This has been a difficult post to write. There is so much more to say on this subject, and I've hardly done it justice here. In any case, I hold great hope that by taking to the streets, by disrupting the system, by making it impossible for Sarko and his cronies to continue to ignore us, we can resist these reactionary "reforms." It's worked in recent years, and it can work now if we all stick together.

Tuesday, January 20, 2009

Excuse my French

At some point during the semester one of my students said that she thought English people cursed more than Americans. She had spent a few years in England, and apparently the English were always dropping the f-word. By contrast, when she'd gone to the States, all the Americans tried to avoid cursing as much as possible. Or if they did let a swear word slip past, they immediately apologized for their language. Another student agreed with the first's observations and then added that the French cursed even more than the English did.

As I later reflected on this, it occurred to me that this was probably true. My students are always saying "putain" this and "putain" that. "Putain" by the way, is the equivalent of the f-word. And maybe this would seem normal on a college campus. After all, I've heard it plenty of times at UW and at KU--a common word in students' vocabulary. In France, however, it's definitely not limited to young people who are talking with their friends and peers. My dad once recounted the story of how he and my mom were taking a tour of the Louvre with an English-speaking French guide. They had stopped in front of a painting of two lovers, and as the guide was describing the lovers' secret affair, she casually added about the woman, "Of course she f***ed him." My dad was completely taken aback and quickly looked around to see if anyone else had noticed. Unfortunately, the other tourists' attention spans were a bit shorter and they showed absolutely no reaction, or perhaps they had just assumed that she couldn't have said such a word to a tourist group. My mom swears the guide did not say that word. However, given my experiences here, I'm more inclined to believe that she did. How many times have I heard journalists on national television say "putain"? Many, many times. How many times have I heard them say "f***"? Surprisingly more often than one would think. No FCC here to punish them with fines for indecent language.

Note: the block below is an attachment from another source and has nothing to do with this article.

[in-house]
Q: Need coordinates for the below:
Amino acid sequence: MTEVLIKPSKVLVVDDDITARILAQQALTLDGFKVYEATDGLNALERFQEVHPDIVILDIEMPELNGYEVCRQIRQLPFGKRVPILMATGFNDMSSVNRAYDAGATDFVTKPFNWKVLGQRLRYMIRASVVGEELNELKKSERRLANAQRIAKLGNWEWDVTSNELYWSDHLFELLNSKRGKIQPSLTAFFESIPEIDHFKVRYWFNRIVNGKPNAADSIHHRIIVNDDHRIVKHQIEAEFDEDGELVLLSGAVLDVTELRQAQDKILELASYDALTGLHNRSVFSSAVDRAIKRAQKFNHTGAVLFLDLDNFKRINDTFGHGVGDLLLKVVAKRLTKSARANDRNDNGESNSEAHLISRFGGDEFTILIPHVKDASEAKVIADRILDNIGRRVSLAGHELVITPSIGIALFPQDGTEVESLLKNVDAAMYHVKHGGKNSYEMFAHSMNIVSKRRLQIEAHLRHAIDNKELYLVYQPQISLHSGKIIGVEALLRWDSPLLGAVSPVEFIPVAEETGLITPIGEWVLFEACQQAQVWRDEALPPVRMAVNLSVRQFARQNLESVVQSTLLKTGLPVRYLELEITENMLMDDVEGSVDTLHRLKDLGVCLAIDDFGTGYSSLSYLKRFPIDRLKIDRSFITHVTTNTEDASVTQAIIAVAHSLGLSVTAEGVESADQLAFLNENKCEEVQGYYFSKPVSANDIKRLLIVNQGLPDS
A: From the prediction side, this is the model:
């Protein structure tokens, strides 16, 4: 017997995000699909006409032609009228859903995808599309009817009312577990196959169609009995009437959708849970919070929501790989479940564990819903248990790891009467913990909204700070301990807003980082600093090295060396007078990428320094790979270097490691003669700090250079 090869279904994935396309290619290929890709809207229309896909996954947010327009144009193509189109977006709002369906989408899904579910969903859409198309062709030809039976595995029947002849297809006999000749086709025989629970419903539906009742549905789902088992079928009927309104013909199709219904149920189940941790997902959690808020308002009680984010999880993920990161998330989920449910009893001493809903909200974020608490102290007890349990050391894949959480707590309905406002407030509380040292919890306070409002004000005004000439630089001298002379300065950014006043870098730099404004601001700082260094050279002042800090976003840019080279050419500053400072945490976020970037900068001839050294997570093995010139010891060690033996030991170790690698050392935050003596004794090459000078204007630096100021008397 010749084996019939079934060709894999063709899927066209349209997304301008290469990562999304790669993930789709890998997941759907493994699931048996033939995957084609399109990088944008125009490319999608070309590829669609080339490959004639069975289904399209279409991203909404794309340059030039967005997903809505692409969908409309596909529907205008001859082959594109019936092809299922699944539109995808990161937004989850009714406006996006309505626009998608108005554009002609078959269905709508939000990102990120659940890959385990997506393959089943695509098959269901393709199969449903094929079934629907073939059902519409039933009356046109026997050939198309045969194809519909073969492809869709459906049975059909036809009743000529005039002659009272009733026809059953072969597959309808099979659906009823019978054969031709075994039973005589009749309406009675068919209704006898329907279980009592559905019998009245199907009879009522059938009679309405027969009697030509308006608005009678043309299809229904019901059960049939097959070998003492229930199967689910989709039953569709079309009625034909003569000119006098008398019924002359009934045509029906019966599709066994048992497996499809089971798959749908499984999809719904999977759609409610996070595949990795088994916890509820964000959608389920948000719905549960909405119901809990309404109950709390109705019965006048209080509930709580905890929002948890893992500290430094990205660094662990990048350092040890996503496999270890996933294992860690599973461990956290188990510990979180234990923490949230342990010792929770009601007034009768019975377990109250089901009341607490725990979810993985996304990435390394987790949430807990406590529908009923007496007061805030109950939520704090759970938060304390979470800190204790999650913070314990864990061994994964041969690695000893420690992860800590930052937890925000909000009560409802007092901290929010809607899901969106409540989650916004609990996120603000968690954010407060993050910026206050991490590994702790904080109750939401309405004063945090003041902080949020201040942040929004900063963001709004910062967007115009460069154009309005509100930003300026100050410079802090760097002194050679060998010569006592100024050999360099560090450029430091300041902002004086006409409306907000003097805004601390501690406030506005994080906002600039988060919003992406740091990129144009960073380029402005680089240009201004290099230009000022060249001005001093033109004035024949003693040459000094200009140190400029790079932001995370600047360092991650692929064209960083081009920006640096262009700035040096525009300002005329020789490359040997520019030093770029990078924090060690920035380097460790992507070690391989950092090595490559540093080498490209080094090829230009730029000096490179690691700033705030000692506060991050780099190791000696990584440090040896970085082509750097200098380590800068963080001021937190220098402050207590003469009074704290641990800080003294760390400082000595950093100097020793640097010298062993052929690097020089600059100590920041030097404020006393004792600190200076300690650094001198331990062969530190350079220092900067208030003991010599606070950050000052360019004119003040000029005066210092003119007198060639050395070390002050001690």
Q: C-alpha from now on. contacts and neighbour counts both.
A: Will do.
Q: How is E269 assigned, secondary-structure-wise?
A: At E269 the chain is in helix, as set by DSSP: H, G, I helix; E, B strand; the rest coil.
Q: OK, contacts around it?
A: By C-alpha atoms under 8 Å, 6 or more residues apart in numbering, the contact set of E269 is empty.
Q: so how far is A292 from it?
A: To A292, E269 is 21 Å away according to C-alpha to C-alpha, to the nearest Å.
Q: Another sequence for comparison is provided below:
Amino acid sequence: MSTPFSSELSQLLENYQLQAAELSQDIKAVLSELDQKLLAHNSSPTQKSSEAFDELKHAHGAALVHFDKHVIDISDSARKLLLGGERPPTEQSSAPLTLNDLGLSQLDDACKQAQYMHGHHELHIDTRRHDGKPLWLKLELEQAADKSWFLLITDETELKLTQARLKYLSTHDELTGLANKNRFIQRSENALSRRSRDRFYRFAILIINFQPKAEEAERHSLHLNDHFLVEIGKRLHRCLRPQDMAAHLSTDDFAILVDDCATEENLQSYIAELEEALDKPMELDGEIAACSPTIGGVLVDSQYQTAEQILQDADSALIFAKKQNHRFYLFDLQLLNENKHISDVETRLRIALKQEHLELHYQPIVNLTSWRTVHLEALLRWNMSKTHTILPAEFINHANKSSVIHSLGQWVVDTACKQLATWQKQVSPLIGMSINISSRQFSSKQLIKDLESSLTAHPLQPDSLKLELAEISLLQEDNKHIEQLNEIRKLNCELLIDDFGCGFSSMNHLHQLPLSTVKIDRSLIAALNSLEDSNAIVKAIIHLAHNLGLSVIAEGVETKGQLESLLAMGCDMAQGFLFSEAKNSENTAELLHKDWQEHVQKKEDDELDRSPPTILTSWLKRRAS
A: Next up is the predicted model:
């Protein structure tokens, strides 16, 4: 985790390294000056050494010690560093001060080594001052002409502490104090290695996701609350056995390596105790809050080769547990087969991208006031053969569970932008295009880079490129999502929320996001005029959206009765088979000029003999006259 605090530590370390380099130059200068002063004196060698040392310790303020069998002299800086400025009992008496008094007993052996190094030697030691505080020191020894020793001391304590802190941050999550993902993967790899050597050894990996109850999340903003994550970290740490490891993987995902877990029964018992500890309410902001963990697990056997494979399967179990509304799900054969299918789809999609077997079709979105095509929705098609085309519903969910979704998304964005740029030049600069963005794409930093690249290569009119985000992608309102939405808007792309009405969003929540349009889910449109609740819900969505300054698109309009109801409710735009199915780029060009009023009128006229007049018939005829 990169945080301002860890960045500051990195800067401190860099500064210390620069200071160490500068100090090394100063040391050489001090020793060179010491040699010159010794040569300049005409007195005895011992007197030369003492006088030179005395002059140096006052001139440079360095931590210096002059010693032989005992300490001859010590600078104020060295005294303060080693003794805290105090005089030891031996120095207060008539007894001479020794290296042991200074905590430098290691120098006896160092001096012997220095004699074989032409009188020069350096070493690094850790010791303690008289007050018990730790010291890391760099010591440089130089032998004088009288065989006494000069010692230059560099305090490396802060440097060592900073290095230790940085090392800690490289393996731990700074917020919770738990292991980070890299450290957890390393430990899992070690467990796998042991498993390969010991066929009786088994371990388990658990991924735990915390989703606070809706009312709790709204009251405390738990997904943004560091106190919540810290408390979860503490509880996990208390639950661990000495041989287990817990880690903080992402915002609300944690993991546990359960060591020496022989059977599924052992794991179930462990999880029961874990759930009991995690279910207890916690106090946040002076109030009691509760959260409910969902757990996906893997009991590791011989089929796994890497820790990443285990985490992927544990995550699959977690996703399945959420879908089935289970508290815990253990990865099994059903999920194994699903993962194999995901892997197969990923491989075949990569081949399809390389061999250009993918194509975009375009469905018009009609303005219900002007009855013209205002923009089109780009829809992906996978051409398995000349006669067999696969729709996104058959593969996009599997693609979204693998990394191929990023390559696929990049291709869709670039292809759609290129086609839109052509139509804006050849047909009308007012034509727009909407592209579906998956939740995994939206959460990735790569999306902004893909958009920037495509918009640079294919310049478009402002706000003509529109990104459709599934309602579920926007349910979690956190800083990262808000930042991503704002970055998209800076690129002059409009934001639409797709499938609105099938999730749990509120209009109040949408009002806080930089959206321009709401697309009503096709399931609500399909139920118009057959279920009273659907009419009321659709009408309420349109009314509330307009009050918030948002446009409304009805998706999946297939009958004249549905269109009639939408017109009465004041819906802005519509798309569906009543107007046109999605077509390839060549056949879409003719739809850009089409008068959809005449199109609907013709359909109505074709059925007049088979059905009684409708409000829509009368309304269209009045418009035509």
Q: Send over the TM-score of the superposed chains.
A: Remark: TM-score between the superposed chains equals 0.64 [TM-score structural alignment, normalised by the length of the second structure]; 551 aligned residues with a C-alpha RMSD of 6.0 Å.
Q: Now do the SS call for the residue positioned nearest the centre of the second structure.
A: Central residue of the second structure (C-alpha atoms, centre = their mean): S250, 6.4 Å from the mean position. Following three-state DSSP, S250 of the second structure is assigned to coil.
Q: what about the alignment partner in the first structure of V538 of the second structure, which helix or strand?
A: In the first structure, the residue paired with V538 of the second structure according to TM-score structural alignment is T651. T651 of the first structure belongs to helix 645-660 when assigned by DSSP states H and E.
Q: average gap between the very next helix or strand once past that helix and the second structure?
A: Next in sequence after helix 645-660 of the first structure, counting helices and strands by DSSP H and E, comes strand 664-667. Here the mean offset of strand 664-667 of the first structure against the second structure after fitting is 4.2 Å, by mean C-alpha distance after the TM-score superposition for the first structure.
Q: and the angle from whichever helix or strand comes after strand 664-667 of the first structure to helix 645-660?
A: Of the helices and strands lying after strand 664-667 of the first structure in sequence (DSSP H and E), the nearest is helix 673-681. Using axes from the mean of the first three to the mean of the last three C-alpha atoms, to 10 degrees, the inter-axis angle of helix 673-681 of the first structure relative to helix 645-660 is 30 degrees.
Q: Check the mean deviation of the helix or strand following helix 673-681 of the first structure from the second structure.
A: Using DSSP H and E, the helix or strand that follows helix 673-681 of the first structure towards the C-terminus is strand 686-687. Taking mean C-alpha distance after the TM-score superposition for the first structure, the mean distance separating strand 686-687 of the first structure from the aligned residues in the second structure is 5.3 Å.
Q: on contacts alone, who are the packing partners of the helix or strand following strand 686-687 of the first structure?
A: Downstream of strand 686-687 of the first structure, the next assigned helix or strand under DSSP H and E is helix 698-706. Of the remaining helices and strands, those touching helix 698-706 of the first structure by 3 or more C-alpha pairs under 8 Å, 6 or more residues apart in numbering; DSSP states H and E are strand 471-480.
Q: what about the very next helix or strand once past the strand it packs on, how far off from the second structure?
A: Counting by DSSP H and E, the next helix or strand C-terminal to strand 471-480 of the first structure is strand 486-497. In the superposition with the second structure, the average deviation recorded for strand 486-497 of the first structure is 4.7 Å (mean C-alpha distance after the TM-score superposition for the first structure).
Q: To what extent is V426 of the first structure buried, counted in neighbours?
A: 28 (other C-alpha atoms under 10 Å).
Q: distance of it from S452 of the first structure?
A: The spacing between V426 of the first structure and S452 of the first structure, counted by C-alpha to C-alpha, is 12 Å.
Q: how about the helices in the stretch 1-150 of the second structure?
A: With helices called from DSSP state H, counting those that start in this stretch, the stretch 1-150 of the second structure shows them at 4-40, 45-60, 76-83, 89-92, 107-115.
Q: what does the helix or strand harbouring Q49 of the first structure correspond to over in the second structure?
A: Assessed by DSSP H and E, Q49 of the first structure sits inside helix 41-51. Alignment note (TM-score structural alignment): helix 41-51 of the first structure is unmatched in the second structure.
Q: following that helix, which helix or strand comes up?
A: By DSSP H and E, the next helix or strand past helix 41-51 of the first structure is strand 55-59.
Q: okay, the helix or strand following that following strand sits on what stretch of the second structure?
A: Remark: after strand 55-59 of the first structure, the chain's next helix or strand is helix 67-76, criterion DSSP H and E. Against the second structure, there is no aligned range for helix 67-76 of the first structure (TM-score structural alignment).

Even in Gaby's family, the language is more vulgar than it is in my American family. And it's not as if his family is considered exceptional as far as bad language; rather, this is the norm. One evening before dinner, I told Gaby's mom that grading tons of essays was really "chiant" because that's the word I've heard people use when they want to say something is really annoying and boring. Her face lit up and she exclaimed, "Wow, you're really making progress in French!" This is the phrase she uses whenever I unintentionally use vulgar language. Literally I had said that that grading a ton of papers is "shitty." Similarly, if I wanted to express that something was broken, or ruined or messed up completely, I would be inclined to say it was "foutu" and I would be thinking "broken, ruined, etc." But really this is the equivalent of saying that something is "f***ed" or all "f***ed up."

I asked my students if they said such words in front of their grandparents. Most shrugged and said it depended on the grandparents while some even claimed that their own grandparents said such words. What? I tried to imagine my grandmother ever saying something along the lines of "My garden is completely f***ed up, Rod." o_O No. No no no no no.